Monday, March 29, 2010

USAID, building people-to-people links – for foreigners

This is really special.

USAID’s recently issued summary of its plans for the next $20 million to be spent on its Cuba programs notes a $2.5 million expenditure to promote “‘people-to-people’ linkages between non-traditional civil society actors on the island and NGOs in the region.”

This is part of a program run by USAID’s Office of Transition Initiatives. The idea is that the program “identifies emerging leaders and groups” in Cuba and builds linkages between them and counterparts abroad.

Americans used to travel to Cuba under licenses for people-to-people programs, at no expense to the taxpayer, but the Bush Administration ended licensing in that category in March 2003, and the Obama Administration has not restored it.

So now we are spending government money to build people-to-people contacts between Cubans and foreign nationals, while we continue to bar people-to-people programs that American civil society would carry out for free.

I doubt that the Obama Administration has consciously linked these two threads – funding foreign “people-to-people” links to Cuba, while continuing the severe Bush limits on those programs, student programs, and many more for Americans. But maybe it should link them. If the point is to build contacts with Cubans, why not look first at what Americans and American institutions would do for free, unencumbered by USAID’s political baggage, if Treasury regulations permitted them to do so?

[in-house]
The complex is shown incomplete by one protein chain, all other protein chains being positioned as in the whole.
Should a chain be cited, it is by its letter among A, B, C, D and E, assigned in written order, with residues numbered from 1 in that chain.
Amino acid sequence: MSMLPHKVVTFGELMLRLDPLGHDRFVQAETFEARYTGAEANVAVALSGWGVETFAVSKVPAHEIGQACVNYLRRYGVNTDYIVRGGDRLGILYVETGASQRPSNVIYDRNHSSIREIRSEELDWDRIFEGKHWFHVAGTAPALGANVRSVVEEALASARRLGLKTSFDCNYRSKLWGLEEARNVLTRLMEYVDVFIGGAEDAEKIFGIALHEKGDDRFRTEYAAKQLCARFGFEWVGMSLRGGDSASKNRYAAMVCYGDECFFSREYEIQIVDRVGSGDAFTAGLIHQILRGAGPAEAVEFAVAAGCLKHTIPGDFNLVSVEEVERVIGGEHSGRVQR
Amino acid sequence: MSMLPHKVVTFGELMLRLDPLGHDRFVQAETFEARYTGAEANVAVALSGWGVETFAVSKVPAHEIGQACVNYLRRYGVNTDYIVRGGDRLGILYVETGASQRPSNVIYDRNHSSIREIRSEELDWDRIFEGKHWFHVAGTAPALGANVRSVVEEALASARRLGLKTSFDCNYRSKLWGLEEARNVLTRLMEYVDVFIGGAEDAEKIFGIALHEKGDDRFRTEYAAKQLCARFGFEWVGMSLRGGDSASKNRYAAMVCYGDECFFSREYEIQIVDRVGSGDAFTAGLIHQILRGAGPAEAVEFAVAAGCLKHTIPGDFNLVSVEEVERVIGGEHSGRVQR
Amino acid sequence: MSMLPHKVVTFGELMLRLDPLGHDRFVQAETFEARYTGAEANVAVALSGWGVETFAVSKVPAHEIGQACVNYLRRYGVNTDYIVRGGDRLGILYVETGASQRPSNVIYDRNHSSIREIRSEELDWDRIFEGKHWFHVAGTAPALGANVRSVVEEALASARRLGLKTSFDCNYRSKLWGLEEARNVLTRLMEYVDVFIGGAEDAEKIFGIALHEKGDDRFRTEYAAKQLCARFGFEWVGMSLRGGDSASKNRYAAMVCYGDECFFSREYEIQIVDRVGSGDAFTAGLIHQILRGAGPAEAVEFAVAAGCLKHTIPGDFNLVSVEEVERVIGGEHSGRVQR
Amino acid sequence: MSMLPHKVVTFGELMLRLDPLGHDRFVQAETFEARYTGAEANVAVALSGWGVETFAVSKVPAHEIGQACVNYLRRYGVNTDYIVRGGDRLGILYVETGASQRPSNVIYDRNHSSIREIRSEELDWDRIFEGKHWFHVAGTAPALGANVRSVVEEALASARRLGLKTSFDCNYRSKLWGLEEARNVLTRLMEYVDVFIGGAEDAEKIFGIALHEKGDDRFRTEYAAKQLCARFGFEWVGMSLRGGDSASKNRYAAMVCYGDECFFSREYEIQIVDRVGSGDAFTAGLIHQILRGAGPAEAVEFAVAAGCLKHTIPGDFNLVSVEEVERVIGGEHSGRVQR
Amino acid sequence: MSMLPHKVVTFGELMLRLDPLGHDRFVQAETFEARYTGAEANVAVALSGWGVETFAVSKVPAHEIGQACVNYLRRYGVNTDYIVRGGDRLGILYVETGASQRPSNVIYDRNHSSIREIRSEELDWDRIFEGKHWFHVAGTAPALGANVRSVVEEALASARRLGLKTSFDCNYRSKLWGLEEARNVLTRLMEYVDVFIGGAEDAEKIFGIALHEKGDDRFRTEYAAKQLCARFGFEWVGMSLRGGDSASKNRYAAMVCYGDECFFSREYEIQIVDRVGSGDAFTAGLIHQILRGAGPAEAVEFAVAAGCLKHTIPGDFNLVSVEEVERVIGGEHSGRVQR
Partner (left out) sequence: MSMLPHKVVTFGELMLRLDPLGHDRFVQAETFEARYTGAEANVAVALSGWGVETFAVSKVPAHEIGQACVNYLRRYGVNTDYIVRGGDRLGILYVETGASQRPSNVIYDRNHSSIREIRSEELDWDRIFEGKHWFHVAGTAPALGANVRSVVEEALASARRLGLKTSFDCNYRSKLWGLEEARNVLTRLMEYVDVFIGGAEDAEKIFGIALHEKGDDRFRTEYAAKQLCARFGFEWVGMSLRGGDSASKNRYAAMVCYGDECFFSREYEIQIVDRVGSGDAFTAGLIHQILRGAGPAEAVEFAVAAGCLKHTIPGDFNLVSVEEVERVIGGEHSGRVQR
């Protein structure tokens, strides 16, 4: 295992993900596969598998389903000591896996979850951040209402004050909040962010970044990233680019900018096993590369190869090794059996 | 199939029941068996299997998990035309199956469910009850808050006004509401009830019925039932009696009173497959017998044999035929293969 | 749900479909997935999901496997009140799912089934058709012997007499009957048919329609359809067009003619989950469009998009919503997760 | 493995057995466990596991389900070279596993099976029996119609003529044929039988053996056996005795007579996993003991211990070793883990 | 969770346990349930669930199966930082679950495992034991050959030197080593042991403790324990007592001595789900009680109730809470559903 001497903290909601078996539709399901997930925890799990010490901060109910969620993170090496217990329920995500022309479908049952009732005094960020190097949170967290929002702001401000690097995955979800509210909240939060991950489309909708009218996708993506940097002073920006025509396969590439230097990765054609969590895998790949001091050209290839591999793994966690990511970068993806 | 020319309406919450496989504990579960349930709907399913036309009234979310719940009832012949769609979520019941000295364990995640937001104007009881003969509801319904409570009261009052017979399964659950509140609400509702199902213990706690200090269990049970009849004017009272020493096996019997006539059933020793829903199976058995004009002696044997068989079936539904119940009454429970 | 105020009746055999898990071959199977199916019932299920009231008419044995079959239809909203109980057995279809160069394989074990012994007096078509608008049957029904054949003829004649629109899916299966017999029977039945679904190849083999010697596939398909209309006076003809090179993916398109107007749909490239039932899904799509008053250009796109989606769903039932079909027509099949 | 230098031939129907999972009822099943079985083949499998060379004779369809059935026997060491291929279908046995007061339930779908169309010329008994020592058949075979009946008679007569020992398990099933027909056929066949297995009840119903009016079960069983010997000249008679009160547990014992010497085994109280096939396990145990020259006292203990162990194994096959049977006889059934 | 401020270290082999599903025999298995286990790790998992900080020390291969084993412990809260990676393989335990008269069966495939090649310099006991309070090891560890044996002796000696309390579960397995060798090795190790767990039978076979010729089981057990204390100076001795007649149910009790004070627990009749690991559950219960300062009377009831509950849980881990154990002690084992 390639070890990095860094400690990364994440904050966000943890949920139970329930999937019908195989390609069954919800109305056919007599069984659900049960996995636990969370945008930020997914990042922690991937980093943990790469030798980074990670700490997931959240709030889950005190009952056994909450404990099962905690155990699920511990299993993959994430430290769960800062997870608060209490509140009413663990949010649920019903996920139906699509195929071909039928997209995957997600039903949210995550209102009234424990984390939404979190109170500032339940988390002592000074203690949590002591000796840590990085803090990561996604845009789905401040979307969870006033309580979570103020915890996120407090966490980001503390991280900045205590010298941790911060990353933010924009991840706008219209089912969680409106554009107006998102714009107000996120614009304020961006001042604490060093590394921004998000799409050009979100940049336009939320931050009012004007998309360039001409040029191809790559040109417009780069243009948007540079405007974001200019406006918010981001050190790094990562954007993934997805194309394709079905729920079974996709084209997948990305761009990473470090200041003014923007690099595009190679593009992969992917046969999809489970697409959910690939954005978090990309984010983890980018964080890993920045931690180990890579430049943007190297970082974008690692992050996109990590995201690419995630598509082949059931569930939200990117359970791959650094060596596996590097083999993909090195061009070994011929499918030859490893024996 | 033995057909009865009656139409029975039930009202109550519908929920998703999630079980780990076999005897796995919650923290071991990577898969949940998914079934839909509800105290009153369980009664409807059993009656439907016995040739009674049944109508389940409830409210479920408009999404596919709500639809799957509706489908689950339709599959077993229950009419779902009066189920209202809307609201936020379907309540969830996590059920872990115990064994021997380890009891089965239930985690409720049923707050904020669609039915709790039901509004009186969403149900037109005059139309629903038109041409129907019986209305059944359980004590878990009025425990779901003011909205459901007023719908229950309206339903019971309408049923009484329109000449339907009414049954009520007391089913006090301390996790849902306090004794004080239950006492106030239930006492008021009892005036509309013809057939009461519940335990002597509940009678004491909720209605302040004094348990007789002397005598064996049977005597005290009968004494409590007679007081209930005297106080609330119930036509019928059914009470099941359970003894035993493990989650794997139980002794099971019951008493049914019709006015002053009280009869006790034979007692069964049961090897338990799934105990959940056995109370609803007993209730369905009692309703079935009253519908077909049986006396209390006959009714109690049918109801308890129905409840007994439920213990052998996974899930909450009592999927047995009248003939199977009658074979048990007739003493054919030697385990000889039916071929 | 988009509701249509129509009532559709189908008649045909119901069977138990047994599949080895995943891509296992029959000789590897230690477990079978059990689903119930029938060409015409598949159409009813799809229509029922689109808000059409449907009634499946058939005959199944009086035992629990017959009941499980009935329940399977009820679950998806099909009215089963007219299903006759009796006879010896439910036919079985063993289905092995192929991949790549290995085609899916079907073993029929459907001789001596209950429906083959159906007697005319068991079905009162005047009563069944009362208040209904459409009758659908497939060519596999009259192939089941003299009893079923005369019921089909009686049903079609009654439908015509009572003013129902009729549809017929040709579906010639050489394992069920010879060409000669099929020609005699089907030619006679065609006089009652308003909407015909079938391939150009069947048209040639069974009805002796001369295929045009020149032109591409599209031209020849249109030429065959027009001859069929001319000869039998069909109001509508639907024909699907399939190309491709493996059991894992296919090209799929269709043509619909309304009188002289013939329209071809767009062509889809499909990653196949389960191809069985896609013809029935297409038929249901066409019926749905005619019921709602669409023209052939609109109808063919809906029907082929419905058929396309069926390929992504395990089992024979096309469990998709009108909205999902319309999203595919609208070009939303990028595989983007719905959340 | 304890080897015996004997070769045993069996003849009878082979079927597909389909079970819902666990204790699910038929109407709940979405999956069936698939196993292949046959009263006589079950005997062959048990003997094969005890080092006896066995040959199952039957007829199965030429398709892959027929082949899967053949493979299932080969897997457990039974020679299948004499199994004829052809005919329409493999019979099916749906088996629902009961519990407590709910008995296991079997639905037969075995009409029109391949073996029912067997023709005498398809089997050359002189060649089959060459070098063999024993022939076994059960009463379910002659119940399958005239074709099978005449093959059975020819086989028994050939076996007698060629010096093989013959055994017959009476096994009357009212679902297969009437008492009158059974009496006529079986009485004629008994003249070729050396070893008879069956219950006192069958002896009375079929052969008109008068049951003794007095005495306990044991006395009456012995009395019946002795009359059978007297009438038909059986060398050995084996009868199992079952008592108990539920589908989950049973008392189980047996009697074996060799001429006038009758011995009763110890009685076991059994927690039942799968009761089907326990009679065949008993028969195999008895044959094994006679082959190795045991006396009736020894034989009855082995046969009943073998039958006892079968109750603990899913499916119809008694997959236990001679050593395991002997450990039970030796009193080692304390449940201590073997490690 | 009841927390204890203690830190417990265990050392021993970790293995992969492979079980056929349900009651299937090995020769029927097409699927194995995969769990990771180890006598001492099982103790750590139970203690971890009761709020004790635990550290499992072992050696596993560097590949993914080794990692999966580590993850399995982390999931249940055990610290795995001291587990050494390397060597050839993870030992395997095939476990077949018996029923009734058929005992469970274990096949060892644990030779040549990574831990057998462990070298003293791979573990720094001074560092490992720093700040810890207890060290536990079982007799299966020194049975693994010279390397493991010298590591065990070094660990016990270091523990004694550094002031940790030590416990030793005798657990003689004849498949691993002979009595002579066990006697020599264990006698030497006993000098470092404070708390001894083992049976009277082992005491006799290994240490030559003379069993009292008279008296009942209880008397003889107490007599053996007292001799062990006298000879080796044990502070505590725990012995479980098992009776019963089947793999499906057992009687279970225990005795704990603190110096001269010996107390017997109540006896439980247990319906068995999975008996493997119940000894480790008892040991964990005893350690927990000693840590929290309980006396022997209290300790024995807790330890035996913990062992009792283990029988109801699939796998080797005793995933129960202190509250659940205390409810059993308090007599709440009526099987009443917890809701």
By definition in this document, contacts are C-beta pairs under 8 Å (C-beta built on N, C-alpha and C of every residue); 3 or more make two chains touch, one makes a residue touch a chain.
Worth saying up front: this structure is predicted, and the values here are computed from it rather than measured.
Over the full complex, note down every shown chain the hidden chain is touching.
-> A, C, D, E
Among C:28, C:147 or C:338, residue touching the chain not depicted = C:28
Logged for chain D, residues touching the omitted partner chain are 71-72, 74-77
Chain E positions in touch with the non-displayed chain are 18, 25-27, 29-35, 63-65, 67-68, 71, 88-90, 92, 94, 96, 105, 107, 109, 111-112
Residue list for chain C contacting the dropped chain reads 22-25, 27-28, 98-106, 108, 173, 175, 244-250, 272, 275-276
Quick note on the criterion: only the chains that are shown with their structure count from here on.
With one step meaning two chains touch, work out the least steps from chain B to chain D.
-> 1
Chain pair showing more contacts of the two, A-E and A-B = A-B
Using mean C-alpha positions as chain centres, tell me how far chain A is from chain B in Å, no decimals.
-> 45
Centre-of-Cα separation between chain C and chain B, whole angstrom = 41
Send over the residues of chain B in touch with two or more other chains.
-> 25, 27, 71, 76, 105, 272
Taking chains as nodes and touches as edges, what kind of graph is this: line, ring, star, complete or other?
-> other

Regarding that $20 million, the Washington Post editorial page broke the news that Senator Kerry has put a “hold” on its disbursement. (AFP quotes some dissidents supporting such a review.) The same editorial cites government officials saying that the USAID program is now spending “less on political operations outside” of Cuba.

Finally, Congressman Van Hollen released a letter calling for the release of his constituent, Alan Gross, who was detained in Cuba while working on a USAID contract.

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